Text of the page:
Even though it has been so dry for weeks, these mulched beds have retained moisture so I was able to simply pull out the large plants. Using my very sharp copper spade*, I chopped them into 6 inch pieces, then added them to the compost heap. Allowing the plants to flower has another advantage – it helps to create more material for compost making. To the heap I also added ripped up cardboard and chopped comfrey leaves; there’s a lot of comfrey in the hedgerows at this site.
(* the spade has an alloy so it is really bronze)
After clearing, I walked over the bed to level it off and break down any lumps of composted manure that remained, then using my dibber made holes for the module sown peas. The moisture conserving properties of the mulch made the job easy, even though we have had the driest April here for 30 odd years. It was more difficult where the brassicas had been, as one would expect.
I had meant to add a picture of the module peas but forgot to put it in my media files before going away – I am in Sussex, at Sarah Raven’s where Charles is giving a day course. This is a photo of my view as I type!
Back on the allotment, here are the peas after planting. I also planted module sown beetroot and spring onions down the sides of the beds – you can just about see the small leaves.
The self sown borage is huge now and full of bees.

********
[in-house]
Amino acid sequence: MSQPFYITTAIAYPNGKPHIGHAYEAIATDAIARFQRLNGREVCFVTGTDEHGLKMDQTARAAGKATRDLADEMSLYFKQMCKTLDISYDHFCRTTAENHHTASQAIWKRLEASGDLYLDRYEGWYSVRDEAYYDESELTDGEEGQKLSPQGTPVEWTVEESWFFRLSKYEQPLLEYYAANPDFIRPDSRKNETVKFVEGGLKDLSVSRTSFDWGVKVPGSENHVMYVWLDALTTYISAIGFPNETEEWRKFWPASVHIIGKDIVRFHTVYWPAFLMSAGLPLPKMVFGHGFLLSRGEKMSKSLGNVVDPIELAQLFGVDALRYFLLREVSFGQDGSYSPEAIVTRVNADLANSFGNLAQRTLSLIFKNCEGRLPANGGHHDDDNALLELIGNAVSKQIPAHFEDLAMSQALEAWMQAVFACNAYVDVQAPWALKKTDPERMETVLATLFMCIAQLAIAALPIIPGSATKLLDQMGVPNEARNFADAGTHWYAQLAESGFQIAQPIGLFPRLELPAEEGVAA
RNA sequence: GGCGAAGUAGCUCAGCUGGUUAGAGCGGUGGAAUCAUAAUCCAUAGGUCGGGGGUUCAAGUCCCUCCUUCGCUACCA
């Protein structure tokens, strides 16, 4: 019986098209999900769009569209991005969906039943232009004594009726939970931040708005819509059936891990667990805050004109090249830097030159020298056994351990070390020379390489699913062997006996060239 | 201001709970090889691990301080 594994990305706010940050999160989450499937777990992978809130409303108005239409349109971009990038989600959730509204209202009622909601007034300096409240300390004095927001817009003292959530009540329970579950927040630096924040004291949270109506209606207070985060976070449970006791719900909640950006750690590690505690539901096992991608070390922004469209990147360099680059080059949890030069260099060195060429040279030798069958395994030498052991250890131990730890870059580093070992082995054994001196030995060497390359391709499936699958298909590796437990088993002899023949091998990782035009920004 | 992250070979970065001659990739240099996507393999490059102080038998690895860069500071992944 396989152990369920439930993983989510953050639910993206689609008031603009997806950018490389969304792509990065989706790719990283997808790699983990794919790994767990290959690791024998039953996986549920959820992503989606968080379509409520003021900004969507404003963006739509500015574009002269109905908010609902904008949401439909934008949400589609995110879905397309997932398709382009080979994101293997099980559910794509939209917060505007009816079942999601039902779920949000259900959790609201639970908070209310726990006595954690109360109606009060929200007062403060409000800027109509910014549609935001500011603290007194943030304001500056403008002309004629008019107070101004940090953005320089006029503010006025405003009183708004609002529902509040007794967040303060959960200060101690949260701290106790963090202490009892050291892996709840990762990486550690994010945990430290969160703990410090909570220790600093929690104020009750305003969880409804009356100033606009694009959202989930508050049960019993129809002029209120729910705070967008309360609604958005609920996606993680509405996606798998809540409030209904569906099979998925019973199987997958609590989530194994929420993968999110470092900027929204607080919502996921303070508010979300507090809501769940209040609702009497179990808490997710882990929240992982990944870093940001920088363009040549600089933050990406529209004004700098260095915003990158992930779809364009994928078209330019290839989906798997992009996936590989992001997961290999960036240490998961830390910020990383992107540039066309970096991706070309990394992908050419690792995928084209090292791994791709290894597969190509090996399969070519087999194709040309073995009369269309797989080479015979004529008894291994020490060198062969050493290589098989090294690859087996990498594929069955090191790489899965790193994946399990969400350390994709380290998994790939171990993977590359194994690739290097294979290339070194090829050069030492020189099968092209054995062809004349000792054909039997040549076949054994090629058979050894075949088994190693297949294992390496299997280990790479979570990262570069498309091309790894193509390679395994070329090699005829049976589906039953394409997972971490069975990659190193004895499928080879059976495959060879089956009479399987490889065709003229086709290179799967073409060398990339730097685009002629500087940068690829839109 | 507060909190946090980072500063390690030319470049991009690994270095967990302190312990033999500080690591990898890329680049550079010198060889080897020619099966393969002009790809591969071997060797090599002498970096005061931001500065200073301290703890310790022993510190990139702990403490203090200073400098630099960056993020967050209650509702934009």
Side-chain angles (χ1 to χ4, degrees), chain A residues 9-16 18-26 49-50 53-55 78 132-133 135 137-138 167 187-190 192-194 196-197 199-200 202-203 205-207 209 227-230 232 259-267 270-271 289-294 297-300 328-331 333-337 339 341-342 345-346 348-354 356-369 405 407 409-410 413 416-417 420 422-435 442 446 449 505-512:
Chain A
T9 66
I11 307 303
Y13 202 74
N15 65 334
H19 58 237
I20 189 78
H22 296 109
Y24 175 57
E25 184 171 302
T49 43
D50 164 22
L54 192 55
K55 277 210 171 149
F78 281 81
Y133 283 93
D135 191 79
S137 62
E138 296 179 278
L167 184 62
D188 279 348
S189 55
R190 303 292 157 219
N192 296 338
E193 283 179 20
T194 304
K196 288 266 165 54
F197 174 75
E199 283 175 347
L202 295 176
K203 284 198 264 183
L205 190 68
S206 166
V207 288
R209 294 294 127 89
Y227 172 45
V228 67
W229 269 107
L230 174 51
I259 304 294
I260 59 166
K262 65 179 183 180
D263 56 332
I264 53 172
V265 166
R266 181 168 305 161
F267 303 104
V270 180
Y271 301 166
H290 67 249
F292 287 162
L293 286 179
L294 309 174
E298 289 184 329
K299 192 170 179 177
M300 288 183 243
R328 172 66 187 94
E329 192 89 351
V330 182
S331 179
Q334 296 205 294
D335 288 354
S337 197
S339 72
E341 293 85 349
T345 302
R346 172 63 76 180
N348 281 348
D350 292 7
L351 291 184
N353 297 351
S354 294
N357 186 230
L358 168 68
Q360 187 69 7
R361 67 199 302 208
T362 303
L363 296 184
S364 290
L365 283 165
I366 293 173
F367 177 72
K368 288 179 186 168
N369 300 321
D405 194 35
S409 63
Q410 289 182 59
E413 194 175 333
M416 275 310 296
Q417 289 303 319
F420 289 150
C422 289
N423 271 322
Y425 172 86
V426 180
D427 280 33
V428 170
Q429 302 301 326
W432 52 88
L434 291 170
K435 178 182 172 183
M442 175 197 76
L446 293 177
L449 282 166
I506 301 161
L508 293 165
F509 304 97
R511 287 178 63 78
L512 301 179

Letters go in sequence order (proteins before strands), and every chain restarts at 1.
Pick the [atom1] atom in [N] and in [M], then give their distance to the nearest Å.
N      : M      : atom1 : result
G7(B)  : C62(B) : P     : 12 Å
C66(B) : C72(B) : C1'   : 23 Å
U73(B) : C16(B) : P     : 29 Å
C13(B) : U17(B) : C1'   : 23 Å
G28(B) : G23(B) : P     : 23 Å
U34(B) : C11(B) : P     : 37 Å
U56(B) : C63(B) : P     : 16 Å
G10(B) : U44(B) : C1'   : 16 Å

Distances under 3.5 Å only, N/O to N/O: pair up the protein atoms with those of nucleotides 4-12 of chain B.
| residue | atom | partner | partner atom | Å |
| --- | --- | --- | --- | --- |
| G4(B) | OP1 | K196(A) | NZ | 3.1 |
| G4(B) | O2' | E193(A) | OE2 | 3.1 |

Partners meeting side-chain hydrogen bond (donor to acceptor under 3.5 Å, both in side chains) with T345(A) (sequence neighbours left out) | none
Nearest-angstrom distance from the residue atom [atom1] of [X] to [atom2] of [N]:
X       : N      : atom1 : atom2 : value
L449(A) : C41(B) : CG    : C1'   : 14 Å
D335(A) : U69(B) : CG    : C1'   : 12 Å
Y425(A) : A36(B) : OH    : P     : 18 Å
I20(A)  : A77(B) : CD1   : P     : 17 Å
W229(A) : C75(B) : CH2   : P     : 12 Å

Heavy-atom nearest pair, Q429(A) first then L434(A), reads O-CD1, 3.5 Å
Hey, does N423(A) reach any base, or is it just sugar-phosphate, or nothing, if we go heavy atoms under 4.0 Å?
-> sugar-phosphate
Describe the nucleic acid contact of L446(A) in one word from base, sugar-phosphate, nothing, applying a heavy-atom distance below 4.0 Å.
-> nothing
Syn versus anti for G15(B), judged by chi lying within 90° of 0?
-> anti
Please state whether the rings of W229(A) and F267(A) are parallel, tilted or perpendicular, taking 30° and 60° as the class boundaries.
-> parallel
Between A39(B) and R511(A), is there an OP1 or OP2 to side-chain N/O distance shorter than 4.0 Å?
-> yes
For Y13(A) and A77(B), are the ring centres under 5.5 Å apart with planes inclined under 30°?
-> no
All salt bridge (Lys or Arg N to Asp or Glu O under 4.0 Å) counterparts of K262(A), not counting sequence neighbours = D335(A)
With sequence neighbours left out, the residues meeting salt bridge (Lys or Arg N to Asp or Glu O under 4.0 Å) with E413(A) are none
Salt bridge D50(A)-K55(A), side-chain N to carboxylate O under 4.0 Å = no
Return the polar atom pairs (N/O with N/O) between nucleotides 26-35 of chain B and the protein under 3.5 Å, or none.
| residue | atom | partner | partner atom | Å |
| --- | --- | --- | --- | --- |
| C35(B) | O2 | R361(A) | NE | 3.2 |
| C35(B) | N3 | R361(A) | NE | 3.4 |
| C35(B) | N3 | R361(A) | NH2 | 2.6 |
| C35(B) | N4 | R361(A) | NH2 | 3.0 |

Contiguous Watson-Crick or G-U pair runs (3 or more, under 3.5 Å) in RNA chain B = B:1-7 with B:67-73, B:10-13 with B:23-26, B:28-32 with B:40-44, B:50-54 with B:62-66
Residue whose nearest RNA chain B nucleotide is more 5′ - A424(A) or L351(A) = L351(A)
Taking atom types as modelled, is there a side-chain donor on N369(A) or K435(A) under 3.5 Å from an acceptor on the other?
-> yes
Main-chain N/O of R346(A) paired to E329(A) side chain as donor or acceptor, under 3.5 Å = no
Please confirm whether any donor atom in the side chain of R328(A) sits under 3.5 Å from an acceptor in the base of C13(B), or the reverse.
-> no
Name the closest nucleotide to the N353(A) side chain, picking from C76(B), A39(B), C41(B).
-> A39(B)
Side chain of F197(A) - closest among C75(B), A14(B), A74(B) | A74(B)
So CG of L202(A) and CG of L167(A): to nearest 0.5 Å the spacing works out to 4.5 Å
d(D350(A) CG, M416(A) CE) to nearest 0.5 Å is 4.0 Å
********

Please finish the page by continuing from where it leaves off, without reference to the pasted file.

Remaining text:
The allotment after clearing – the garlic in the foreground is looking a little yellow due to lack of rain. I am hoping there’ll be some on Monday; if not, I will water them. It’s looking quite bare but will be full within 2-3 weeks! Most of the plants are ready to go out next week, I was holding them back a bit because of the cooler temperatures last week.
At home, I’ve been clearing much of the polytunnel too. It was looking quite jungly, rather lovely really with all of those flowers, but I need the space for the tomatoes.
After clearing I watered using a hose with the sprinkler attached, for a long time, avoiding the back of the tunnel where I have a store of compost and the apricot. I avoid drenching that, preferring to water the soil.
You can see how some of the garlic has suffered from dryness and growing amongst large brassica plants, something to remember for next year. I’m hoping it will perk up after a few days.
I’ve left some kale, chard, dill and turnip greens for a final pick. I harvest the green seeds of the coriander before clearing, delicious sprinkled on hummus.
Harvests included calabrese, carrots, spring onions and cabbages.
Then the tomatoes went in, with the string placed at the bottom of the hole. This helps to secure the string, which is fastened to the crop bars. I’m using baler twine as I have a huge quantity of it. Each piece is reused for years, not biodegradable unfortunately but as I have some, it seems sensible to use it up.
These tomatoes are mostly much smaller than I would usually plant, late sowing (due to the Italian trip) and so planted from module to tunnel without being potted on. An interesting experiment!
I also harvested the scrapes from the elephant garlic. These have gone into the fridge, I’ll cook them on Monday.
Next week, the aubergines will be planted and soon, cucumbers and melons – also, the edible flower companions and basil soon, too. An exciting transformation from spring to summer.
We have had some hard frosts here in Bruton, with temperatures falling well below zero (that’s cold for for Somerset, I appreciate that elsewhere it would be considered rather mild weather!) Although not frost free, the polytunnel offers a lot of protection from the winter weather, in particular icy winds and rain, enabling me to grow a far wider range of food year round.